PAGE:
The iGRP – Why Is There Even A Debate?
Wow, the iGRP debate just won’t end! But, why? Why does the industry need to only do one thing or another? Why in an era where color monitors display 32,000,000 colors does this have to be a black and white issue? Well, it doesn’t.
Yes, it would be great if all the advertisers who want the iGRP get together and come up with a standard, but that doesn’t seem imminent. On the other hand, a bunch of digital minds getting in the room to create a solution is pointless as well. That’s like scholars in New Zealand forming a committee to solve America’s economic woes despite none of them ever having lived here. Until you’ve walked a mile…
Well, I have walked a mile. In both pairs of shoes. The very easiest solution is: If your client wants to see the iGRP, give them that info. If they don’t, don’t. The core really is that easy. From here, if your clients want the iGRP, here is what you need to know to be successful.
To start, remember that GRPs = reach x frequency. And, let’s get out simple facts out about the TV Nielsen GRP system. GRPs are measured by Local People Meters (LPMs). Depending on the source, there are between 25,000 and 37,000 LPMs in the entire country to measure TV viewing habits among the 200+ channels now available. Yes, if you’re not familiar with this, $60B+ each year is spent based on what these 30-some-thousand people watch.
The suggestion that cookie-counting isn’t accurate enough for true unique reach is ree-diculous. Sorry, Anne, (who is Anne) but you’re making this too complicated and your response favors your own product. The folks at comScore might say, “But what about all the ads that are served but never seen?” Well, that would be exactly in line with what happens on TV, and isn’t that what we’re trying to achieve? The LPMs don’t record if someone goes to the restroom or isn’t watching the commercial when it comes on. Everyone who has had ample exposure to digital knows that iGRP or no iGRP, the metrics available in online are infinitely superior to the iGRP, but this debate has merit because people who would rather use traditional media metrics aren’t bringing money to digital because it’s not similar enough. So, let’s stop trying to make it “better.” Digital measurement was already better, and that wasn’t enough. The focus needs to be on making digital measurement similar to broadcast measurement, and similar would be counting total impressions divided by the raw number of unique cookies to which the ad was served. Your ad server does this for free, by the way.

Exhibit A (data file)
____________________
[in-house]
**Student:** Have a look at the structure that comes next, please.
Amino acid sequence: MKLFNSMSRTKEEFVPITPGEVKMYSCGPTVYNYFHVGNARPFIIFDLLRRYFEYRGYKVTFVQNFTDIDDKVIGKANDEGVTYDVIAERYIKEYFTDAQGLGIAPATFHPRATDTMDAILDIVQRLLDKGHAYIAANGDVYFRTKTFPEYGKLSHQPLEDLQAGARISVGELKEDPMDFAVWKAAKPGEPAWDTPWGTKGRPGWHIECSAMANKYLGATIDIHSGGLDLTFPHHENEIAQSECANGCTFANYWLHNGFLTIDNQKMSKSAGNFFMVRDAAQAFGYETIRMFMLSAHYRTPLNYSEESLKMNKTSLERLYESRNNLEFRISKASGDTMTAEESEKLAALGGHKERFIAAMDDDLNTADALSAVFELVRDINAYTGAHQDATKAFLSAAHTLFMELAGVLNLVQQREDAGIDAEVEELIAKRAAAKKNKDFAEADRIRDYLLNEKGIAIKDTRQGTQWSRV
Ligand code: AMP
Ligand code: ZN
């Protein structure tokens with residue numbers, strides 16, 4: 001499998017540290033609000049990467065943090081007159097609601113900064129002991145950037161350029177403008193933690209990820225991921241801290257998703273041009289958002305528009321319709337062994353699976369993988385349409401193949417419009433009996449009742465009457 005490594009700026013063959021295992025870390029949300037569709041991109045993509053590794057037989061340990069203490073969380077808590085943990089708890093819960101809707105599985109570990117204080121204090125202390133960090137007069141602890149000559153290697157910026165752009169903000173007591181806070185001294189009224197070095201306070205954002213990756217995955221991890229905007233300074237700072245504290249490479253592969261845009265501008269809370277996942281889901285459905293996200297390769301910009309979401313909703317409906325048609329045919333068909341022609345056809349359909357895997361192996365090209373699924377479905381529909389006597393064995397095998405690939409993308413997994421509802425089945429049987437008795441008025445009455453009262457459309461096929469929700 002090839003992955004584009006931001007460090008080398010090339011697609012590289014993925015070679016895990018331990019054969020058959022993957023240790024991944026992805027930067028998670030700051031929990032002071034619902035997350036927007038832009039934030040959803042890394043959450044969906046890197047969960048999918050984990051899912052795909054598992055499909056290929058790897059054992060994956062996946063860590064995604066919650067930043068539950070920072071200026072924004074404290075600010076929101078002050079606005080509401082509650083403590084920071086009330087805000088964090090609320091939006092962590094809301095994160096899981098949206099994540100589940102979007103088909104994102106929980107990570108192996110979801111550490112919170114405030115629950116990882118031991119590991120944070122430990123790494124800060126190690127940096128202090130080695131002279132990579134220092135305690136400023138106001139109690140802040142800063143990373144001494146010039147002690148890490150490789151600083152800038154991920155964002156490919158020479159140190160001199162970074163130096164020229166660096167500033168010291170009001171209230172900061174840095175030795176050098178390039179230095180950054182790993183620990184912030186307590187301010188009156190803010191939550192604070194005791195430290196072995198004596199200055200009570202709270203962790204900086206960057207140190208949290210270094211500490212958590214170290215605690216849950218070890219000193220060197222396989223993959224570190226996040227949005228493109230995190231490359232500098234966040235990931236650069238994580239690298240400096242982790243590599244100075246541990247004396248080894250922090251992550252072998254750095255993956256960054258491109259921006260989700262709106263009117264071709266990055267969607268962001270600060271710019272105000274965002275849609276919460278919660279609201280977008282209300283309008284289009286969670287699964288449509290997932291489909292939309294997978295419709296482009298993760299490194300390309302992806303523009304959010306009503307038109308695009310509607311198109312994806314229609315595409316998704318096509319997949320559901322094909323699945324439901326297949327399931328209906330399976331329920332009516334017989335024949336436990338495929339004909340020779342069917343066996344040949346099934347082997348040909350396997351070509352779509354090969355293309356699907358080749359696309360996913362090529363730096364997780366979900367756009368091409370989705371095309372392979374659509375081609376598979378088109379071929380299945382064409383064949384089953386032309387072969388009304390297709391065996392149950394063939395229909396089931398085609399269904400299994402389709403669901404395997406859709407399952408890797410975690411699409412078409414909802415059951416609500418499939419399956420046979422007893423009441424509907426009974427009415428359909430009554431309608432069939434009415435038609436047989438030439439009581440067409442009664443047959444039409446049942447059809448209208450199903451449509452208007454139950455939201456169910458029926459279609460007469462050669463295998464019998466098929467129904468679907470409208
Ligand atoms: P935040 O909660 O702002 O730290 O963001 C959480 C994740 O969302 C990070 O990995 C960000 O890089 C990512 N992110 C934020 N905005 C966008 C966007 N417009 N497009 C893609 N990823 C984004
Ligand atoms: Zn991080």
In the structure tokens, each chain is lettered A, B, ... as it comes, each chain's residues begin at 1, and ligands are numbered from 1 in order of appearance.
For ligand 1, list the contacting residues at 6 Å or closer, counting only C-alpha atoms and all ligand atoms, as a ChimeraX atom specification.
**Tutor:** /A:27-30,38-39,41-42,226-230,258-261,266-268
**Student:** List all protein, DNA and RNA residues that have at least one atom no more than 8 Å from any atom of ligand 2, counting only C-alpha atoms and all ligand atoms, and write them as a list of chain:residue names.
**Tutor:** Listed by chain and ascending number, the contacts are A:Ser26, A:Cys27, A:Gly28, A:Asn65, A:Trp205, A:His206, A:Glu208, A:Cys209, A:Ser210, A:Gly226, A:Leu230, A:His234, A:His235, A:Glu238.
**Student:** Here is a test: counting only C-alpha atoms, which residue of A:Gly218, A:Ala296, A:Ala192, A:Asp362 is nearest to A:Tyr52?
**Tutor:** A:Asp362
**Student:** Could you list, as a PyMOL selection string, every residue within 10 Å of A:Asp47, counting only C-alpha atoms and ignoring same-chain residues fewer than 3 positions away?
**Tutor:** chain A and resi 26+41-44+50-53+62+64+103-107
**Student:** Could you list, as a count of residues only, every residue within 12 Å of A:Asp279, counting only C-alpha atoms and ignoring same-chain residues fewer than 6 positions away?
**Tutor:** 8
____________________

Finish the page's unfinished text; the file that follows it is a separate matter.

What’s a bit funny is that no one will be talking about this in 10 years because the need will be gone. One great example why is my company’s work with car dealers. The older dealers are asking for GRP equivalents to our digital impression counts for the month. The younger dealers just want to see how many consumer actions we generated and what they each cost to generate. This is, of course, what online should be: spend money and get results. Within 10 years those who are mostly rooted in traditional media will have found this value, and many of the younger talent will be in leadership positions that enable the conversation to focus on marketing results rather than reach and frequency.
These digital measurement steps make it easy and exactly like TV. So, if you have a client who wants the iGRP, use it. If they don’t, don’t. Why is this even being debated?